What Is SIDS?
Sudden Infant Death Syndrome (SIDS) is the sudden death of an infant younger than 1 year of age that remains unexplained after a thorough case investigation. This investigation includes performing a complete autopsy, examining the death scene, and reviewing the clinical history. When a baby dies, health care providers, law enforcement personnel, and communities try to find out why. They ask questions, examine the baby, gather information, and run tests. If they can’t find a cause for the death, and if the baby was younger than 1 year old, the medical examiner or coroner will call the death SIDS. If there is still some uncertainty as to the cause after it is determined to be fully unexplained, then the medical examiner or corner might leave the cause of death as “unknown”. These deaths are called SUID (pronounced Soo-id), which stands for “Sudden Unexpected Infant Death.
•SIDS is the leading cause of death among babies between 1 month and 1 year of age.
• Most SIDS deaths occur when babies are between 1 month and 4 months of age.
• SIDS is a sudden and silent medical disorder that can happen to an infant who seems healthy.
• SIDS is sometimes called "crib death" or "cot death" because it is associated with the time frame when the baby is sleeping. Cribs themselves don't cause SIDS, but the baby's sleep environment can influence sleep-related causes of death.
SIDS is not...
• SIDS is not the cause of every sudden infant death.
• SIDS is not the same as suffocation and is not caused by suffocation.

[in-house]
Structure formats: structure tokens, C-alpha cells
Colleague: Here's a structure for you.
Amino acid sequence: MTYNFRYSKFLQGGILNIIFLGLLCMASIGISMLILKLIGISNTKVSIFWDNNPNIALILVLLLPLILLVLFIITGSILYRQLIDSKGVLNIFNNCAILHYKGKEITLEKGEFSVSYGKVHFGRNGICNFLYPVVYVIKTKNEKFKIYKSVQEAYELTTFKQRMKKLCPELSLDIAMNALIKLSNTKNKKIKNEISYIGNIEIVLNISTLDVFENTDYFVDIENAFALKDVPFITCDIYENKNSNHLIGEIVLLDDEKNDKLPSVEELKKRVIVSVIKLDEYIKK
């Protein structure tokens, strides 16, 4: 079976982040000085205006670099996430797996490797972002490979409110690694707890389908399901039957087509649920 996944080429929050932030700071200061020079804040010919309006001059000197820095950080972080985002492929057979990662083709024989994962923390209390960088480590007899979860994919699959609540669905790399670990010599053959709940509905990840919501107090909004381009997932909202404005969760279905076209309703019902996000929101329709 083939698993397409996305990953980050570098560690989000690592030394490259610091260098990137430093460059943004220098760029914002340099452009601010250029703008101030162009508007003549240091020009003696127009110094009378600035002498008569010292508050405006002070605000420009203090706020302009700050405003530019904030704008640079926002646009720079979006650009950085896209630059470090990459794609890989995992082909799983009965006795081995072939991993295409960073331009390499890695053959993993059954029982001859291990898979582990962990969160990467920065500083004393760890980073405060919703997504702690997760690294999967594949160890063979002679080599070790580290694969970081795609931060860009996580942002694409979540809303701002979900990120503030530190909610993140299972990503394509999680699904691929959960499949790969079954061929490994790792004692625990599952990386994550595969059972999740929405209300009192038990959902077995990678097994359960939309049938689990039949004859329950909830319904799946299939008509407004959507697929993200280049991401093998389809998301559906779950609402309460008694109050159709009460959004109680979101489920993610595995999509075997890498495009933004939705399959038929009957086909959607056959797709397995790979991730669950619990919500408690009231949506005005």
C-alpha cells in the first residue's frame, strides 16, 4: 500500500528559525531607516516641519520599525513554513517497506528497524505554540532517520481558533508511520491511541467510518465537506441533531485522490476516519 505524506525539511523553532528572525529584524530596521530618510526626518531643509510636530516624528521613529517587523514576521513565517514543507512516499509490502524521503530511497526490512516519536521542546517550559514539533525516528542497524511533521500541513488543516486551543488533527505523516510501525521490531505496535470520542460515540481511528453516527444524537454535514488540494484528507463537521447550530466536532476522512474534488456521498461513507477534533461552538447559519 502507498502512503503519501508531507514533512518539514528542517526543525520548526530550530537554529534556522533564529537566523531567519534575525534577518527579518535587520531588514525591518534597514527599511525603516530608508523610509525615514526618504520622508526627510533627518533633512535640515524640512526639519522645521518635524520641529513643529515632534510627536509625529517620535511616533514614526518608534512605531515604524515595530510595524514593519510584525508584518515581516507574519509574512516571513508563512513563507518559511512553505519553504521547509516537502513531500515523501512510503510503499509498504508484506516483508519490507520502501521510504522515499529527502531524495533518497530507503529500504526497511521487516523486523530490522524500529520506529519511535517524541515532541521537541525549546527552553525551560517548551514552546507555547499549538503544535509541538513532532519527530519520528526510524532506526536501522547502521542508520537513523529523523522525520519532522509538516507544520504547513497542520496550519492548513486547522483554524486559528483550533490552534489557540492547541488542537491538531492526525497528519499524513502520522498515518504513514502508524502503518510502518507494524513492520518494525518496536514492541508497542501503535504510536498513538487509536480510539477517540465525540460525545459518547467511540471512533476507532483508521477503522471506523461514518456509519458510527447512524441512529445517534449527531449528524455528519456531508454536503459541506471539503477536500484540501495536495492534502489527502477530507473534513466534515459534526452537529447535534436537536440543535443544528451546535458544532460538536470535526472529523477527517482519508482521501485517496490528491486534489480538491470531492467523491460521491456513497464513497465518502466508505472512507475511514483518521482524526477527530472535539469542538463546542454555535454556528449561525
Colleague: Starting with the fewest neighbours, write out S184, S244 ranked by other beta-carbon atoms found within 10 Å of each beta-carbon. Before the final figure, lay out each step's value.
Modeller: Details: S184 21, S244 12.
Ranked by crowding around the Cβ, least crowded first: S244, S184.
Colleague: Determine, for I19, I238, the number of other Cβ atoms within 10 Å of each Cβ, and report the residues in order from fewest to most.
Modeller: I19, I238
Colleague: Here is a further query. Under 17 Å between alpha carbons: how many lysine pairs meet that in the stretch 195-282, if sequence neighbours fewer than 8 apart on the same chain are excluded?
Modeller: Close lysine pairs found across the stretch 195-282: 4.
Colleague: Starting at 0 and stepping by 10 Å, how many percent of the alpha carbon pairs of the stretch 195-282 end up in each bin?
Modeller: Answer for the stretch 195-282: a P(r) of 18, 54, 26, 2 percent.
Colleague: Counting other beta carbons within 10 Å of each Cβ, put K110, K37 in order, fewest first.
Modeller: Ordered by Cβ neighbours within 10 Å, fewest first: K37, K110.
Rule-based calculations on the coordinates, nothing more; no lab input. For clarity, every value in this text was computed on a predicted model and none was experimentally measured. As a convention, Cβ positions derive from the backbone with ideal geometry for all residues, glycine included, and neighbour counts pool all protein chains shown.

• SIDS is not caused by vaccines, immunizations, or shots.
• SIDS is not contagious.
• SIDS is not the result of neglect or child abuse.
• SIDS is not caused by cribs.
• SIDS is not caused by vomiting or choking.
• SIDS is not completely preventable, but there are ways to reduce the risk.
What causes SIDS?...
Honestly, we do not know. We don’t know exactly what causes SIDS at this time. Scientists and health care providers are working very hard to find the cause or causes of SIDS. If we know the cause or causes, someday we might be able to prevent SIDS from happening at all. More and more research evidence suggests that infants who die from SIDS are born with brain abnormalities or defects. These defects are typically found within a network of nerve cells that send signals to other nerve cells. The cells are located in the part of the brain that probably controls breathing, heart rate, blood pressure, temperature, and waking from sleep. At the present time, there is no way to identify babies who have these abnormalities, but researchers are working to develop specific screening tests. But scientists believe that brain defects alone may not be enough to cause a SIDS death. Evidence suggests that other events must also occur for an infant to die from SIDS. Even though the exact cause of SIDS is unknown, there are ways to reduce the risk of SIDS.
Safe to Sleep Public Education Campaign
WAC 170-300-0291: Infant and toddler safe sleep practices.
3,500 babies die each year in the U.S.
In deaths where a public health nurse talked with affected families, over half of these babies were
sleeping with an adult or child.
*Traditional drop-side cribs cannot be made or sold; immobilizers and repair kits are not allowed.
Federal law bars any person from selling products subject to a publicly-announced voluntary recall by a manufacturer or a mandatory recall ordered by the Commission.
Play yards with newborn nappers: safe or not?
Our concerns with the napper was how it was designed and marketed
to parents as a place for newborns to sleep. Here’s how Graco describes it:
The Newborn Napper’s soft, cushy fabrics make it the perfect nap spot
for your new arrival.
We stated in the book that we consider soft fabrics and items like the
napper’s the head support a risk for Sudden Infant Death Syndrome (SIDS).
Graco contacted us to share safety and testing data on the Newborn Napper. So let’s take a second and look at this controversy and give you both sides of the argument.